simple dramatic effects in lace
Some of the most interesting and versatile lace stitch patterns are in fact the simplest to knit. I am particularly fond of the ones that undulate organically without any extra effort on my part. This is called a bias lace fabric. Many of the most beautiful lace patterns make extensive use of bias.
The Meaning of Bias in Lace
In lace, the term “bias” refers to knitted stitches that lie on an angle instead of vertically.
Tip: Although you might have grown accustomed to thinking of bias as a bad thing in knitting, in lace we are talking about a good thing!
Bias stitches add movement to knitted fabric, creating an organic feeling and visual excitement. The effects can be seen in both the interior of the pattern area as well as at the edges.
First, the stitches on an angle create a dimensional quality to the pattern design by creating shapes that seem to add depth to the fabric. Second, they affect the outline of the pattern’s edges, causing some or all sides to scallop and zigzag.
What Causes Bias in Lace
When yarn over increases are separated by one or more plain stitches from their compensating decreases, bias lace fabric will occur.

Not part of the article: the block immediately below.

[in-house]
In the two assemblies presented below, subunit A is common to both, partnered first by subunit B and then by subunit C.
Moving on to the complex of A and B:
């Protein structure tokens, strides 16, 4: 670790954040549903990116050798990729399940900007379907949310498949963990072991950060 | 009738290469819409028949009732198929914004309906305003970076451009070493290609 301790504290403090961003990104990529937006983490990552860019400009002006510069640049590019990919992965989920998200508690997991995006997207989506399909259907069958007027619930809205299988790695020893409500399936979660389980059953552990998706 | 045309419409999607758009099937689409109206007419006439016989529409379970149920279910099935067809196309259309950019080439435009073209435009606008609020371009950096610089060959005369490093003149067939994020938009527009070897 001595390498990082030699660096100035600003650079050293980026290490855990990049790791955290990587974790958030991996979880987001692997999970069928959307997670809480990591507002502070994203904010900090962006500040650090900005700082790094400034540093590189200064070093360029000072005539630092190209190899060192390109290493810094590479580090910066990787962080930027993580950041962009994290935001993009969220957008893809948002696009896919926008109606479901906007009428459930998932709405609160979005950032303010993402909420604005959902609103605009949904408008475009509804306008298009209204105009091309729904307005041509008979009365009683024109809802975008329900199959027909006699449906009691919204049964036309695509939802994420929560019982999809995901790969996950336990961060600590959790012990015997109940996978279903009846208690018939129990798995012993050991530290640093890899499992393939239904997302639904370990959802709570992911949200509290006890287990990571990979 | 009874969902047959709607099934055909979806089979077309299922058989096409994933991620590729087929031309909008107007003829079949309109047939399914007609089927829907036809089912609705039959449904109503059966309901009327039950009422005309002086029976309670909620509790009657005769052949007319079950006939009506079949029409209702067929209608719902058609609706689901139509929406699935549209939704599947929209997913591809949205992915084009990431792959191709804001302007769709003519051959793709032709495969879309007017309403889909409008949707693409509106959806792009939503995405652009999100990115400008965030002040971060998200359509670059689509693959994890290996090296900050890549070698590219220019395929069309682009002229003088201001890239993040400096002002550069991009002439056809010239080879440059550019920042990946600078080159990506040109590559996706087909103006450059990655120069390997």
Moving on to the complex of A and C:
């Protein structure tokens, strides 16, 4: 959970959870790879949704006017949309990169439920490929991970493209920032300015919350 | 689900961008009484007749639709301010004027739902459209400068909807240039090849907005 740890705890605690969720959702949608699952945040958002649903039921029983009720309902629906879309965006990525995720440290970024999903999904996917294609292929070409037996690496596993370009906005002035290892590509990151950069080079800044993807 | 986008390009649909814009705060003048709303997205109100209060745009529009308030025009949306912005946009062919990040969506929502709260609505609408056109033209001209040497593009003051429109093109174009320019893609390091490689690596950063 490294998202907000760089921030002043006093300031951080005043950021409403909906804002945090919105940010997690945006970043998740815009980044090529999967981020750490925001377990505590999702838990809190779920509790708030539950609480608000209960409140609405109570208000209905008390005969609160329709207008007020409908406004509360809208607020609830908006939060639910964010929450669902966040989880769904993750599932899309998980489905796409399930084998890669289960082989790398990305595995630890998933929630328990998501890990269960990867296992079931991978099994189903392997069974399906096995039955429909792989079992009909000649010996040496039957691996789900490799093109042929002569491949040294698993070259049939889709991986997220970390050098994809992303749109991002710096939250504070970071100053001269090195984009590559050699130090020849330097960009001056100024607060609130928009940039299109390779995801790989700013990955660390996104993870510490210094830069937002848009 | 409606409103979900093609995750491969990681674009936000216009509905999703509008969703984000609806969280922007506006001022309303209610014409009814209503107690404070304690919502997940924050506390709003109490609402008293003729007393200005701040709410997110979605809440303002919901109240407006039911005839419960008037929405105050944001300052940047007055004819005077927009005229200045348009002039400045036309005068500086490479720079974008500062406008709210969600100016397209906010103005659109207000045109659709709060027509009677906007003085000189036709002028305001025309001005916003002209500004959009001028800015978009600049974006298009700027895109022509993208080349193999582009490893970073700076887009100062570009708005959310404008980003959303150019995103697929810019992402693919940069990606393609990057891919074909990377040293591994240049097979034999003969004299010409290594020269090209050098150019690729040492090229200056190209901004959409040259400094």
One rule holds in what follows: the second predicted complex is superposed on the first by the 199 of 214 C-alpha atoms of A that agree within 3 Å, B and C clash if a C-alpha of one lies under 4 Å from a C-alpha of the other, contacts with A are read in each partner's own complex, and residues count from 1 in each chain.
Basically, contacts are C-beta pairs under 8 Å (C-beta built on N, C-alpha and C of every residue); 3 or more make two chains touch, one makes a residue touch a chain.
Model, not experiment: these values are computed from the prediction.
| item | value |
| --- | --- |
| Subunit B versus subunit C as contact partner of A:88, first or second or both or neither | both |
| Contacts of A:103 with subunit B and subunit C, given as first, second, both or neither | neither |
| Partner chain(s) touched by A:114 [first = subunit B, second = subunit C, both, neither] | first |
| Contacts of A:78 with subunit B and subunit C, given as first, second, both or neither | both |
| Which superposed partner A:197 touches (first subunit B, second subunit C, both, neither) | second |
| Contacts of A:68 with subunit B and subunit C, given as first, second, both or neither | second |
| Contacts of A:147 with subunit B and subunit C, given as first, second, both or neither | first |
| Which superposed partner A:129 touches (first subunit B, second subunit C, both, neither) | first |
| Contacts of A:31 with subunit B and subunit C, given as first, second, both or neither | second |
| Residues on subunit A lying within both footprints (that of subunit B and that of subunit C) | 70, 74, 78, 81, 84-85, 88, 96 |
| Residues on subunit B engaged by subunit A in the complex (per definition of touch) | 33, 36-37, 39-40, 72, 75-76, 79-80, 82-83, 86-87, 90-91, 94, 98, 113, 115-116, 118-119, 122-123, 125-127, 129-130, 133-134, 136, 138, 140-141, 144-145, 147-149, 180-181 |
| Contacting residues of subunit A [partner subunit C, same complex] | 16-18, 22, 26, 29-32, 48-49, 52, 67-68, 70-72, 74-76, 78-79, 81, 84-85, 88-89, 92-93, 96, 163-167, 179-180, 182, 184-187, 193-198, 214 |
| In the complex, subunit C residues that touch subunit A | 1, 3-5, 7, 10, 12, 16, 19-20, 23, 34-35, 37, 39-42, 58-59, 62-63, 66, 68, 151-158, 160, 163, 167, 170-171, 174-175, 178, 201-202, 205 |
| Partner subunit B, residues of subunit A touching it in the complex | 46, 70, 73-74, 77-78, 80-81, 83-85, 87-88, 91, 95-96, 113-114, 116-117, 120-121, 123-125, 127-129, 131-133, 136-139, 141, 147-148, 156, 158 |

Let’s look at the Lace Leaf pattern stitch used in the Main Area of the Spring Lace Leaves Scarf as an example of a bias lace stitch pattern.
After you have worked several rows of the Main Area, do you see what is happening?
The lower edge of the Main Area has an upward scallop. This is caused by non-adjacent yarn over increases and their compensating decreases on rows 1, 3, 5.
Now look at the edges between the central Lace Leaf area and the Inner Border. They are wavy rather than straight.
The side edges have a zigzag shape. Also, the stitches within the main Lace Leaf area are at a tilt. The effects are especially noticeable in a variegated yarn where you can see the tilt of the rows of stitches. I have highlighted some areas in red below to demonstrate this.
For all these years I have knitted lace, I still find bias lace patterns extremely exciting to both knit and enjoy the result. I hope you do, too!